A study in the British Medical Journal reports that 43% of people in the UK live with some form of chronic pain.
The study also found that 14% of the UK’s 65 million residents have chronic, widespread pain. Another 8% experience neuropathic pain and 5.5% live with fibromyalgia.
Neuropathic pain is a complex type of pain initiated or caused by a primary lesion or dysfunction in the nervous system. It is defined as pain arising as a direct consequence of a lesion or disease affecting the somatosensory system at either the peripheral or central level.
Physical therapy tackles the physical side of the inflammation, stiffness, and soreness with exercise, manipulation, and massage, but it also works to help the body heal itself by encouraging the production of the body’s natural pain-relieving chemicals. This two-pronged approach is what helps make physical therapy so effective as a pain treatment for neuropathic pain.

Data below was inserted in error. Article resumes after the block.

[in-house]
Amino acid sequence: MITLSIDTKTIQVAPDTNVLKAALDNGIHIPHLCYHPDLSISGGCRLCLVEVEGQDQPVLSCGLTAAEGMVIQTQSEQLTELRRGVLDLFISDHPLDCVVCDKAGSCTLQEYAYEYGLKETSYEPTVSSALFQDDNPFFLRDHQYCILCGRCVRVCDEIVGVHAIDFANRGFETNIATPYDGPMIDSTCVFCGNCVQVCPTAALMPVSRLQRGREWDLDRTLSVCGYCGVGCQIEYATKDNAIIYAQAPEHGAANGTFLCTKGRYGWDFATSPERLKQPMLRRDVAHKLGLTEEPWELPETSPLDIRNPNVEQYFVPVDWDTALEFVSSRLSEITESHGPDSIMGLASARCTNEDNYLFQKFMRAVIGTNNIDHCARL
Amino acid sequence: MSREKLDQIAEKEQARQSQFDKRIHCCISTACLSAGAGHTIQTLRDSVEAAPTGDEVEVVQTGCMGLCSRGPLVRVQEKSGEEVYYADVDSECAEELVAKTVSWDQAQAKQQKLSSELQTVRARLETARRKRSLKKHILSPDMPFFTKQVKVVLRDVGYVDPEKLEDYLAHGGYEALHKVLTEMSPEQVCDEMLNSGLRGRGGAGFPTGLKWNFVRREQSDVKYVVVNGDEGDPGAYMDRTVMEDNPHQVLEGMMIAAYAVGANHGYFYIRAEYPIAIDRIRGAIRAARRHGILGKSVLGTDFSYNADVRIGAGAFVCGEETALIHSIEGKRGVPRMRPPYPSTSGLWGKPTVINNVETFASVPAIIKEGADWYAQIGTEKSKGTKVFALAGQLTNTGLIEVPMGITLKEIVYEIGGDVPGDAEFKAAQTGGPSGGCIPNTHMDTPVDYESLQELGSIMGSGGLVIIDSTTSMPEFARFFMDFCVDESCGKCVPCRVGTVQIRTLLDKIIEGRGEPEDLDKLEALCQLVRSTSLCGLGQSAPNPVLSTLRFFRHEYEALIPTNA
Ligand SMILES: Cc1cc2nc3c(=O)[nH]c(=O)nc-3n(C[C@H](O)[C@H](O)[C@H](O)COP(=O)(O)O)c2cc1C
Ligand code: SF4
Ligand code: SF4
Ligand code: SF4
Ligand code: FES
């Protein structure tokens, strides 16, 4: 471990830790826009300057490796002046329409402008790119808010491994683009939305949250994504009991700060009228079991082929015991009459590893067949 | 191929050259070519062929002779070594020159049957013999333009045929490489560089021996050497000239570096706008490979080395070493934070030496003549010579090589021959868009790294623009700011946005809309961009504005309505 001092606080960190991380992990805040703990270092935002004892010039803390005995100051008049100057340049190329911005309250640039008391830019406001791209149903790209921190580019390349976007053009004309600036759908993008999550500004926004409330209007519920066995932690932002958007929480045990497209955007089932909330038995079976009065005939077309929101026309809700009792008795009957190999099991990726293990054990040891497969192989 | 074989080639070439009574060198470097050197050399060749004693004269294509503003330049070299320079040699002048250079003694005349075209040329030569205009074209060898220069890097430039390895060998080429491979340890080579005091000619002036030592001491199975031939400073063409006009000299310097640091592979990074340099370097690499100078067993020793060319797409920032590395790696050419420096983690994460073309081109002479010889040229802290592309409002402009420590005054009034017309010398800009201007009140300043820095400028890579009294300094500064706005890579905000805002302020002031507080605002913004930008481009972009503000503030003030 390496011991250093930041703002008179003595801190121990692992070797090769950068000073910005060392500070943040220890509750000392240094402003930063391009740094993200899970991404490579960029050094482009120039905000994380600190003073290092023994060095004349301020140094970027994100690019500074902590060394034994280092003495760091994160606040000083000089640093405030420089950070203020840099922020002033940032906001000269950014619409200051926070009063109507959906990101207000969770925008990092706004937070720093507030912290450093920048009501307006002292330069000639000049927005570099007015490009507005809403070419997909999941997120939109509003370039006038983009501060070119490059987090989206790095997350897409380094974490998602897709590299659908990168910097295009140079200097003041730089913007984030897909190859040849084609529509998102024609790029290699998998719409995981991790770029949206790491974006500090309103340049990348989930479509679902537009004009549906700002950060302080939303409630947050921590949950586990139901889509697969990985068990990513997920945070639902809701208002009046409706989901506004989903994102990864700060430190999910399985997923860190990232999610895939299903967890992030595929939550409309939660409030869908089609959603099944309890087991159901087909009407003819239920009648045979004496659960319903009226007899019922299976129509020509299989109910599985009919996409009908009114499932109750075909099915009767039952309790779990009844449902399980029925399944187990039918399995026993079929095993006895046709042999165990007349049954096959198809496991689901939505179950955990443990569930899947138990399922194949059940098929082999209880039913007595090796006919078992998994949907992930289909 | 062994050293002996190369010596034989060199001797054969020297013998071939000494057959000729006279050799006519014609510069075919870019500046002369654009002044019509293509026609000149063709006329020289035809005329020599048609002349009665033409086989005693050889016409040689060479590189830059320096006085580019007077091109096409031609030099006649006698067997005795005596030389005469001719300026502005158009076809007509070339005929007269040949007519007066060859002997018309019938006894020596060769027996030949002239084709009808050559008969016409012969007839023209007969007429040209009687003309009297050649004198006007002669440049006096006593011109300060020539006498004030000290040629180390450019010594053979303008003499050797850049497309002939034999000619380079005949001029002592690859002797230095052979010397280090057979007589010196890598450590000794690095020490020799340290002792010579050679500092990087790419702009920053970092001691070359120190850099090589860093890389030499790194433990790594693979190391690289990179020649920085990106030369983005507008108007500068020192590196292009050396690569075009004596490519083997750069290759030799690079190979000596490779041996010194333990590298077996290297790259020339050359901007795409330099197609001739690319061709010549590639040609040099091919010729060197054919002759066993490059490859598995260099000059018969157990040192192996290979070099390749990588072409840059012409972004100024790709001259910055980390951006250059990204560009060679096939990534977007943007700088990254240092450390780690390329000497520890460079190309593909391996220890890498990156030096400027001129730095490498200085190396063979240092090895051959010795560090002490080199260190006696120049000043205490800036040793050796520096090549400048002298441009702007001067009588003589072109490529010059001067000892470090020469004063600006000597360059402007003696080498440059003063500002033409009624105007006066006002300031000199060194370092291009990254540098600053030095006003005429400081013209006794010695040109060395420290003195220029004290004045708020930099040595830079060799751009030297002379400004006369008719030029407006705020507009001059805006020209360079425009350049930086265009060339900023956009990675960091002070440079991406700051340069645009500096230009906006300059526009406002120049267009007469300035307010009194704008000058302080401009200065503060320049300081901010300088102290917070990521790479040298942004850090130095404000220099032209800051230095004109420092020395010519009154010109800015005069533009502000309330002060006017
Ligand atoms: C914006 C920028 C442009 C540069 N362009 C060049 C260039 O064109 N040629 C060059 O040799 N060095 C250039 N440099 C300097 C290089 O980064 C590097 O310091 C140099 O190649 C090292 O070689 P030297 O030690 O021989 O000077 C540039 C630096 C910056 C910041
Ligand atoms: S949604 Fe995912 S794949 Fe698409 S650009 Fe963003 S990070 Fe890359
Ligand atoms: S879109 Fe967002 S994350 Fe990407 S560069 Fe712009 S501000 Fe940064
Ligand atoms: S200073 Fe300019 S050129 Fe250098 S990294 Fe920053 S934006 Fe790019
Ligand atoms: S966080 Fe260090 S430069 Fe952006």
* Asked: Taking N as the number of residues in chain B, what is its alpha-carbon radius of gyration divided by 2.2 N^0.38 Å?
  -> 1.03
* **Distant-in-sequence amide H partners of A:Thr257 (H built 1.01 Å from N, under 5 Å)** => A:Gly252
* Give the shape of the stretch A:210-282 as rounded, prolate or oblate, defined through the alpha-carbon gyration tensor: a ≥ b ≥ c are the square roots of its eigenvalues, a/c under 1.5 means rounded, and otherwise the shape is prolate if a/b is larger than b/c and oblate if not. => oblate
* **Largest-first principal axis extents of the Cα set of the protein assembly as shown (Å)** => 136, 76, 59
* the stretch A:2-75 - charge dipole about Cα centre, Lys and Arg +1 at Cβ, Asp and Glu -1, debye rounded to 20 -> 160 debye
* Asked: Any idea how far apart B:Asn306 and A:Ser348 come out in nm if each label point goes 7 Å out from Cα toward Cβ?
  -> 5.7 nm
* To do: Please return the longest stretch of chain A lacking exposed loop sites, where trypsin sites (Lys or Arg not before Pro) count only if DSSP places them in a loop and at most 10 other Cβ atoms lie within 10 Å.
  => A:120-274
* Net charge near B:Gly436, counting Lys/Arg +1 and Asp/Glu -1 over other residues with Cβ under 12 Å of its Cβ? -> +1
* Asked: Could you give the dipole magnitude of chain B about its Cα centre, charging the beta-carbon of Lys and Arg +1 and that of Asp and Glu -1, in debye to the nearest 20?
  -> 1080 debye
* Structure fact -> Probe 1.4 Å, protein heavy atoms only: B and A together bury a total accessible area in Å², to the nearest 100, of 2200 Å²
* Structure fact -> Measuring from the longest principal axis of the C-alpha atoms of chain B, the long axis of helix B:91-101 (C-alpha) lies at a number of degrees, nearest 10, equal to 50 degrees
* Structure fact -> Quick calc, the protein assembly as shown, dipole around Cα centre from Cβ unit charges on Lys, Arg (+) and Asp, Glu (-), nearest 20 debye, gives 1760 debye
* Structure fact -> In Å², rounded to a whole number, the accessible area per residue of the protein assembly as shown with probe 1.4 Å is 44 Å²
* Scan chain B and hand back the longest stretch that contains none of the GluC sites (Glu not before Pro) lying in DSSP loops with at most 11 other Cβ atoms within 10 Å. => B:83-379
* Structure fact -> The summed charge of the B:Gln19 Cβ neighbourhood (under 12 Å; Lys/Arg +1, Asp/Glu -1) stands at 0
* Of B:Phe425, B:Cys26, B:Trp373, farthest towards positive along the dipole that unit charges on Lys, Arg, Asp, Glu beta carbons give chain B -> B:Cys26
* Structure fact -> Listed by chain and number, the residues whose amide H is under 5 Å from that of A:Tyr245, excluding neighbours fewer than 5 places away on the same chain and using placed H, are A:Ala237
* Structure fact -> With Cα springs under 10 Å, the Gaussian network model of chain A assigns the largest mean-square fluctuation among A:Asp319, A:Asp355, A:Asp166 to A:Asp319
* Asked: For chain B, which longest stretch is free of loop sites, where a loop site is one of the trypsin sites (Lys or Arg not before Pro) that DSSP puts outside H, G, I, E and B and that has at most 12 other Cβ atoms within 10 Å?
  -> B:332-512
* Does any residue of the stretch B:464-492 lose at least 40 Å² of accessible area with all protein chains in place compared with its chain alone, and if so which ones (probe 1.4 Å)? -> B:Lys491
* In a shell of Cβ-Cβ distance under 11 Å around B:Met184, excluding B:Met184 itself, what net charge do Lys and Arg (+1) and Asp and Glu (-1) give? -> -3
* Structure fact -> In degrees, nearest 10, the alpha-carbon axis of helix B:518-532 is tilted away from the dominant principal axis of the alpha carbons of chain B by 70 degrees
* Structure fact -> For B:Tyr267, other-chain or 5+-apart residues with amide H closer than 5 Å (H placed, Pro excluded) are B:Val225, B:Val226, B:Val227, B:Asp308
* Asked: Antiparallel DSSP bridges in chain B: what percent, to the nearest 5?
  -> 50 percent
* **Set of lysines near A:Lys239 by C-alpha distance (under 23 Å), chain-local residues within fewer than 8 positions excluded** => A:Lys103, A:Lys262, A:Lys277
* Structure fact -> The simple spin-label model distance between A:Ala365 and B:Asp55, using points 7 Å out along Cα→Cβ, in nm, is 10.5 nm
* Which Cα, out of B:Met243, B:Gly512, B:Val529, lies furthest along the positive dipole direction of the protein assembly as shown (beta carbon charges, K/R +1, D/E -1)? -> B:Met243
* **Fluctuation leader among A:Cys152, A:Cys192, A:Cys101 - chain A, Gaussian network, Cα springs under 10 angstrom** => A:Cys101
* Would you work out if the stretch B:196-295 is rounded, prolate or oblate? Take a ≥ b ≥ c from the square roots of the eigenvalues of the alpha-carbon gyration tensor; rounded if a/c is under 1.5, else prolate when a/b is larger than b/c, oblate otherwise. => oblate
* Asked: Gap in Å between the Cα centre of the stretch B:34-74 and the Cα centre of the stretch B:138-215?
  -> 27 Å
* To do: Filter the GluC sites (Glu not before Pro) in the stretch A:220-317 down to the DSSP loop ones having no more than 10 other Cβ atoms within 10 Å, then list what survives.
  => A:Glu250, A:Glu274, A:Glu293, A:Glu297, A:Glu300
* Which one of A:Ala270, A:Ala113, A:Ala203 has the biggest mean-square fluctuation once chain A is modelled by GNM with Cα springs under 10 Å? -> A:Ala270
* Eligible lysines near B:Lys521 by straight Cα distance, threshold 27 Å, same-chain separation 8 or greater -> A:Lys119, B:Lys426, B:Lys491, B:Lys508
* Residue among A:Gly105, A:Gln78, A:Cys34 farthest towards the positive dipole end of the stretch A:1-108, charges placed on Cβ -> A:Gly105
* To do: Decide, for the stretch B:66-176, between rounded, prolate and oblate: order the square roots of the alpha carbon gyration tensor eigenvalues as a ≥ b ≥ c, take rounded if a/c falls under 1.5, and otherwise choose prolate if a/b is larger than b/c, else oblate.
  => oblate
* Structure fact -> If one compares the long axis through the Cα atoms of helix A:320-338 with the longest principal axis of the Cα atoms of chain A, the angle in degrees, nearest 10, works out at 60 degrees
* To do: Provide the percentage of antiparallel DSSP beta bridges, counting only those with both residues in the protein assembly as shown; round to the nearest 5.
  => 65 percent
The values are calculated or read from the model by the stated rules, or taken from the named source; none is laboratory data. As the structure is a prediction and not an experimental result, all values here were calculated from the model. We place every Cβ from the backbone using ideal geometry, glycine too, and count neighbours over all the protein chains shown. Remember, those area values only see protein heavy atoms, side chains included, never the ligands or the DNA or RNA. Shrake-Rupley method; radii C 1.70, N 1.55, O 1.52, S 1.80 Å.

Fibromyalgia is a syndrome characterized by widespread chronic unabated pain in addition to a host of several additional co-morbidities that can severely impact and disrupt a person’s daily life. The symptoms associated with fibromyalgia may originate from abnormal central nervous system output. Fibromyalgia isn’t just one condition; it’s a complex syndrome involving many different factors.
Physical therapy has been shown to improve physical function and symptoms in patients with Fibromyalgia and includes light aerobic exercise, relaxation techniques, stretching, strengthening and manual lymph drainage therapy and connective tissue massage.